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Nothing short of that 50-point plateau would satisfy the masses, and while Stajan produced 16 points in 27 games the rest of the way, things almost inexplicably soured the next season. Head coach Brent Sutter’s doghouse was an uncomfortable place to sleep, and Stajan was stuck there often. After averaging more than 19 minutes a game with the Flames following the trade, he was given just 14 per contest in 2010-11, and less than a minute on both special teams units.

After spending the first five seasons of his NHL career on the first and second lines, making plays on the powerplay, and skating beside the likes of Phil Kessel and Alexei Ponikarovsky, Stajan found himself centering the fourth line for Sutter, beside guys like Tim Jackman and Tom Kostopoulos.

“I was used in a lesser role with Brent. My mindset was to be the best fourth-line centre I could be for our team during that stretch,” Stajan says now, realizing that his image was tarnished and there was little hope of producing points at any regular pace with the role he was given.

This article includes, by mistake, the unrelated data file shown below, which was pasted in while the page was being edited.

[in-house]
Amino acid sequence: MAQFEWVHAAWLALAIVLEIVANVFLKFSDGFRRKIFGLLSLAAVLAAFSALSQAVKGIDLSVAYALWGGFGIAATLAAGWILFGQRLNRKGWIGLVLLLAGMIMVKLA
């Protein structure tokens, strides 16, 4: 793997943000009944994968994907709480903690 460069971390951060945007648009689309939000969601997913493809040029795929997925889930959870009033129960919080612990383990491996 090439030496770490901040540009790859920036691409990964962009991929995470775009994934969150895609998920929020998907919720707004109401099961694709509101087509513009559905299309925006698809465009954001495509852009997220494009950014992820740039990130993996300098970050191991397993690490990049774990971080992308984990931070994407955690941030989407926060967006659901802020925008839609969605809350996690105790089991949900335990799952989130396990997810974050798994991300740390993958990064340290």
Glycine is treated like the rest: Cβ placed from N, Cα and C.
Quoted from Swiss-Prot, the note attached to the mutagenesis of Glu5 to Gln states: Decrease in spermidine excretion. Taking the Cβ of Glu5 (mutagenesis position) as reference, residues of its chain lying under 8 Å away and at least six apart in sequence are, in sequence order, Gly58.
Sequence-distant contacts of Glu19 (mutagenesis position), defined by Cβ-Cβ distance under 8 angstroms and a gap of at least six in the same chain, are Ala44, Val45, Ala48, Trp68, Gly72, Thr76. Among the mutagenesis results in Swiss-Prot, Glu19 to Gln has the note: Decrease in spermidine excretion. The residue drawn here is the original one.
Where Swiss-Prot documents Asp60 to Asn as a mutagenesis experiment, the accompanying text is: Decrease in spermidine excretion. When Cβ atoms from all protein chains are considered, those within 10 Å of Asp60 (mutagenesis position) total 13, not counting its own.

“From the outside, people just look at production and don’t realize the opportunity given. We control what we do out there. That’s all you can do. Your hockey career, every season, and even game to game, it’s a rollercoaster.”

Stajan was given no real explanation for the change in role, but he never griped publicly, never turned down an interview on the topic, never stopped trying to improve his situation. But it wasn’t easy.